David Bourget (Western Ontario)
David Chalmers (ANU, NYU)
Rafael De Clercq
Jack Alan Reynolds
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Philosophy Compass 7 (10):731-740 (2012)
Intuitively, the knowledge of one’s own intentional actions is different from the knowledge of actions of other sorts, including those of other people and unintentional actions of one's own. But how are we to understand this phenomenon? Does it pertain to all actions, under every description under which they are known? If so, then how is this possible? If not, then how should we think about cases that are exceptions to this principle? This paper is a critical survey of recent attempts to answer these questions. I consider views under three headings: "special source" views, which hold that the knowledge of one's intentional actions has a non-perceptual source; "special domain" views, which hold that some but not all aspects of one's intentional actions are known in a special way; and "special character" views, which hold that the knowledge of intentional actions is special not because of where it comes from, but because of some other respect in which it is different in kind from the knowledge of other things.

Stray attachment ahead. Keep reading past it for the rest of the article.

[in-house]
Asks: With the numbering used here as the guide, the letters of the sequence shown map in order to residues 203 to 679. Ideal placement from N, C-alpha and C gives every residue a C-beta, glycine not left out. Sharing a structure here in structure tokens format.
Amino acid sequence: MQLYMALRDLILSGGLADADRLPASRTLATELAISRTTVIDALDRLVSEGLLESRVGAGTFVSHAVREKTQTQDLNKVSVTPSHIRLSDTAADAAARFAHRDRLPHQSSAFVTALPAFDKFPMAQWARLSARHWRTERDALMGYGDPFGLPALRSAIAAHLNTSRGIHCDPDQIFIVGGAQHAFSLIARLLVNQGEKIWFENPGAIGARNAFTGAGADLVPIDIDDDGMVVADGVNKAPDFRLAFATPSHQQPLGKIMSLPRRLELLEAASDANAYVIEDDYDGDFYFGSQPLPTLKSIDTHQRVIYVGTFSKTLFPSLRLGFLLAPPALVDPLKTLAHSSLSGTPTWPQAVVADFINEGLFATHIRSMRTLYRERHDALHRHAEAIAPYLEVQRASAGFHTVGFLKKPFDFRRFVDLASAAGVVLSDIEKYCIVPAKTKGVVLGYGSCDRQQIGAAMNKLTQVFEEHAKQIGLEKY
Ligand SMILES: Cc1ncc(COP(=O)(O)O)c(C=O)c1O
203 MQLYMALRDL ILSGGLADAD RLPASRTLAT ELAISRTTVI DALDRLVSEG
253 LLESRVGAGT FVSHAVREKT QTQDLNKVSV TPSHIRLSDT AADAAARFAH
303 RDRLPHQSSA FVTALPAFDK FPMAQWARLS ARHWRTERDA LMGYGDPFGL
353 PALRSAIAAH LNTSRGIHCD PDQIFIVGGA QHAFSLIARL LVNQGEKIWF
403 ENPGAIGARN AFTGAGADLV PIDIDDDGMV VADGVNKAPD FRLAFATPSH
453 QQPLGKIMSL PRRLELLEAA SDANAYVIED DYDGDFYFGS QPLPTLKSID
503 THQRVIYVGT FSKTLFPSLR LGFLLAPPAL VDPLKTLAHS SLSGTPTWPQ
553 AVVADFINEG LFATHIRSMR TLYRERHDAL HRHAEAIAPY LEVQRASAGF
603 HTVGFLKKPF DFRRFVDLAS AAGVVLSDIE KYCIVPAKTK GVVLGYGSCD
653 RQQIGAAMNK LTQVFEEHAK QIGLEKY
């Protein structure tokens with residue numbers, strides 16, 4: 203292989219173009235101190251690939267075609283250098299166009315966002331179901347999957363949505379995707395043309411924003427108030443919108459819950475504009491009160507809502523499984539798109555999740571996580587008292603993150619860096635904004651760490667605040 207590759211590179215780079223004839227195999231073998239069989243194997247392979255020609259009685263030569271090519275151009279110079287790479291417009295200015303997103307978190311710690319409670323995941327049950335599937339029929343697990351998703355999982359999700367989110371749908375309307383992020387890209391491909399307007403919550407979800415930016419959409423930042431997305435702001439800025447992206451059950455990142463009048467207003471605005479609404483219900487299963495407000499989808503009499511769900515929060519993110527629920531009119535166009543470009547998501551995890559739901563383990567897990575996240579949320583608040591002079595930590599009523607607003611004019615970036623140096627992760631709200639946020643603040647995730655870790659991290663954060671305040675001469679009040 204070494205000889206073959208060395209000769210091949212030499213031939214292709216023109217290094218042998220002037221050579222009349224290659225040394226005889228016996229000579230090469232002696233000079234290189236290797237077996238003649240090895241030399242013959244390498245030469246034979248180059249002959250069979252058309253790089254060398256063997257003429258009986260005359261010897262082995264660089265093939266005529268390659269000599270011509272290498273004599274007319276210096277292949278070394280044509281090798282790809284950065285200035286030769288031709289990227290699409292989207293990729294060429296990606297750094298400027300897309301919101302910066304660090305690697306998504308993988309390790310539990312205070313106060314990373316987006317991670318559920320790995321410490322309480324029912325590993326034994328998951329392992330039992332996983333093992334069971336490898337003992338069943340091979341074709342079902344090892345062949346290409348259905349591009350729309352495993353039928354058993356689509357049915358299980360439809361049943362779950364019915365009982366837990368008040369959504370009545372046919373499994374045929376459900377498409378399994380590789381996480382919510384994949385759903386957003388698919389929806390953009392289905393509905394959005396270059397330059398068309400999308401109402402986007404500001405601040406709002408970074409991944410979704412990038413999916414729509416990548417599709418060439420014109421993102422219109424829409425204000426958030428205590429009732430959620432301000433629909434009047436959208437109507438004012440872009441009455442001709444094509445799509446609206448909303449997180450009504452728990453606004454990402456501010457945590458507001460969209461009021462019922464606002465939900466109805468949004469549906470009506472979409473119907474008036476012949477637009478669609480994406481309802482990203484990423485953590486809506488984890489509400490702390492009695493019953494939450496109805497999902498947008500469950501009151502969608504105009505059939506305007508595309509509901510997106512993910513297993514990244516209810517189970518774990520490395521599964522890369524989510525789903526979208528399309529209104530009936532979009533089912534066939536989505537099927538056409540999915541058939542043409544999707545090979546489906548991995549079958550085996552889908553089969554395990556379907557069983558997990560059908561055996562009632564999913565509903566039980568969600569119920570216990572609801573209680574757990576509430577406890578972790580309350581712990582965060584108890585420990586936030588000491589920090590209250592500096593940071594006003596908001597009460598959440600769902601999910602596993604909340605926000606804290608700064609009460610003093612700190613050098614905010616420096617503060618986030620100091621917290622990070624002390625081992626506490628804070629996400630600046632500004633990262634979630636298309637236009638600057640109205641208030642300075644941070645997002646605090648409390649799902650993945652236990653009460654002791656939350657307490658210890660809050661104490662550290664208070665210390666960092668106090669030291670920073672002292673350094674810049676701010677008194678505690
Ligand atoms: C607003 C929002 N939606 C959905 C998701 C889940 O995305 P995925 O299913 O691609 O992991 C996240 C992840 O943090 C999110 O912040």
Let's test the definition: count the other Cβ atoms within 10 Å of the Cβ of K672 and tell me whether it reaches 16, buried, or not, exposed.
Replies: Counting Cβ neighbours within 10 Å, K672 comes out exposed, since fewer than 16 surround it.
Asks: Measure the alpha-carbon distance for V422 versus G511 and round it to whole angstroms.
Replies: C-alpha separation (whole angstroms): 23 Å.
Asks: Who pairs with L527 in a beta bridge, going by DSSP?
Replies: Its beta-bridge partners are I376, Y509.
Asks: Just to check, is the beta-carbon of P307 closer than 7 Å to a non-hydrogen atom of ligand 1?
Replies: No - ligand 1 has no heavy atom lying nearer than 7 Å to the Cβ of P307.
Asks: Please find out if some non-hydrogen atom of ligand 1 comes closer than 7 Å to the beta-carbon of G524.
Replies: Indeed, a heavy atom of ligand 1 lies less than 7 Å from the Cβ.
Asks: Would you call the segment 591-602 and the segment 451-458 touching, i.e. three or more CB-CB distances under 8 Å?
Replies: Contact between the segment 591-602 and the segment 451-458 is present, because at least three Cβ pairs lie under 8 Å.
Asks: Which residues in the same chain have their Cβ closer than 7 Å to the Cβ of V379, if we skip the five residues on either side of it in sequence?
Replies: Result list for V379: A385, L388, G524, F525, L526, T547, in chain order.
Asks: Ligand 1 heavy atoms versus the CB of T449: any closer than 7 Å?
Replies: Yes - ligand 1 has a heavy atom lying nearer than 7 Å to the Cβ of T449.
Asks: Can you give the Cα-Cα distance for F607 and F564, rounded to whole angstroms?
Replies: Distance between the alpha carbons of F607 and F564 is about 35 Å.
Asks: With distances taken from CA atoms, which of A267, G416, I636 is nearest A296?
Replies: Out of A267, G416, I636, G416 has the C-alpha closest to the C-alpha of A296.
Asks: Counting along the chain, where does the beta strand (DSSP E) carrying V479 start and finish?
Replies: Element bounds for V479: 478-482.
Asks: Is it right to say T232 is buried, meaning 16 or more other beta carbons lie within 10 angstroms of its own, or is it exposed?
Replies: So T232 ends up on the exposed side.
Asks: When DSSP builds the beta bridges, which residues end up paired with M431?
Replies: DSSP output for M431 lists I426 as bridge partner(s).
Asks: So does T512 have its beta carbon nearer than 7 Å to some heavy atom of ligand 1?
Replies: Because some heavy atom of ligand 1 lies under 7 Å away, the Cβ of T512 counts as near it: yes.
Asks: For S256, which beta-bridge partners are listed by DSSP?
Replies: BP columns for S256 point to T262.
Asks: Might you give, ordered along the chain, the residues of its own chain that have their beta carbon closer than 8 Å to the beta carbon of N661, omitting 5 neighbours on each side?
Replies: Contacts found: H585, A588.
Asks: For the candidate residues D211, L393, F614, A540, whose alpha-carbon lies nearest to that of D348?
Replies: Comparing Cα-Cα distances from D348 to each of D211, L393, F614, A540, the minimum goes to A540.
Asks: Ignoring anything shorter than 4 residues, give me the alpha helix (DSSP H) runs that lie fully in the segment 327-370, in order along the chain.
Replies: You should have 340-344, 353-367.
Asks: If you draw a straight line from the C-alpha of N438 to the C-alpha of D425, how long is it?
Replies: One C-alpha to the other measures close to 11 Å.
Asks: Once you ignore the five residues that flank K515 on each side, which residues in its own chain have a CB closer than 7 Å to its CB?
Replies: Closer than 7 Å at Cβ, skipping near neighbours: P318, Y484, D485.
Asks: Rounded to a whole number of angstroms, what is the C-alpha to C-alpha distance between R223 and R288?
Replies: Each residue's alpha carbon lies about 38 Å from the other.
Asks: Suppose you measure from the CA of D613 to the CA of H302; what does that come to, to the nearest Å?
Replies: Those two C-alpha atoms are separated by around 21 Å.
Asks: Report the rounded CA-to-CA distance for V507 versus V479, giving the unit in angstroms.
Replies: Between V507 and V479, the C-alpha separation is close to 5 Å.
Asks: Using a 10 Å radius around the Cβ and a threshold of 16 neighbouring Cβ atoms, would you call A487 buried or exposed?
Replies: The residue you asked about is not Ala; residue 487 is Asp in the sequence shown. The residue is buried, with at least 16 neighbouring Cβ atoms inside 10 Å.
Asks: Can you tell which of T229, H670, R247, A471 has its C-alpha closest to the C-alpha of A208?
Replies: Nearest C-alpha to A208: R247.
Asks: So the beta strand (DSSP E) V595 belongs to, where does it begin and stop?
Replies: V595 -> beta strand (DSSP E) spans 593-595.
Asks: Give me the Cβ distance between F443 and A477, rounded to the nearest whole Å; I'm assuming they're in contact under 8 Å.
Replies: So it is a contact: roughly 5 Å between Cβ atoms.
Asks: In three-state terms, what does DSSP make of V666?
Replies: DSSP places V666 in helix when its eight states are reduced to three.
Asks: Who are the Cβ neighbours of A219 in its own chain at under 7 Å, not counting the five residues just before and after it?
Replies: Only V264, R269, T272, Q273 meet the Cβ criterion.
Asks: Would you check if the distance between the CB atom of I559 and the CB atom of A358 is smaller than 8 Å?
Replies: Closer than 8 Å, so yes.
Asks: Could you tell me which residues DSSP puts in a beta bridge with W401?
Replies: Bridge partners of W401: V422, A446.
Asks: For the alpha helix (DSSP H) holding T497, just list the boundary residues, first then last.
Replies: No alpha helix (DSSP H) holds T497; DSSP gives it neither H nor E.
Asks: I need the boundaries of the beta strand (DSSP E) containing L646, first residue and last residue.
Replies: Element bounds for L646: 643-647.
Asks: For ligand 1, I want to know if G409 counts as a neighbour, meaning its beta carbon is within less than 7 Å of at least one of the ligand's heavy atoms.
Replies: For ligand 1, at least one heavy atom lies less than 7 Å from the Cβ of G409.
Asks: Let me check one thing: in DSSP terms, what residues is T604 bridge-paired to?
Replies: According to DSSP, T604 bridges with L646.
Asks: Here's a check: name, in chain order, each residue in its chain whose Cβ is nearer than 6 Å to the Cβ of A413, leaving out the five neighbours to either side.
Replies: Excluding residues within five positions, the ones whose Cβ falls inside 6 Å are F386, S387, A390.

|Keywords||action non-observational knowledge self-knowledge intention|
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References found in this work BETA
Richard A. Moran (2001). Authority and Estrangement: An Essay on Self-Knowledge. Princeton University Press.
Kieran Setiya (2007). Reasons Without Rationalism. Princeton University Press.
Michael Thompson (2008). Life and Action: Elementary Structures of Practice and Practical Thought. Harvard University Press.
G. E. M. Anscombe (1957/2000). Intention. Harvard University Press.
Christopher Peacocke (2008). Truly Understood. Oxford University Press.
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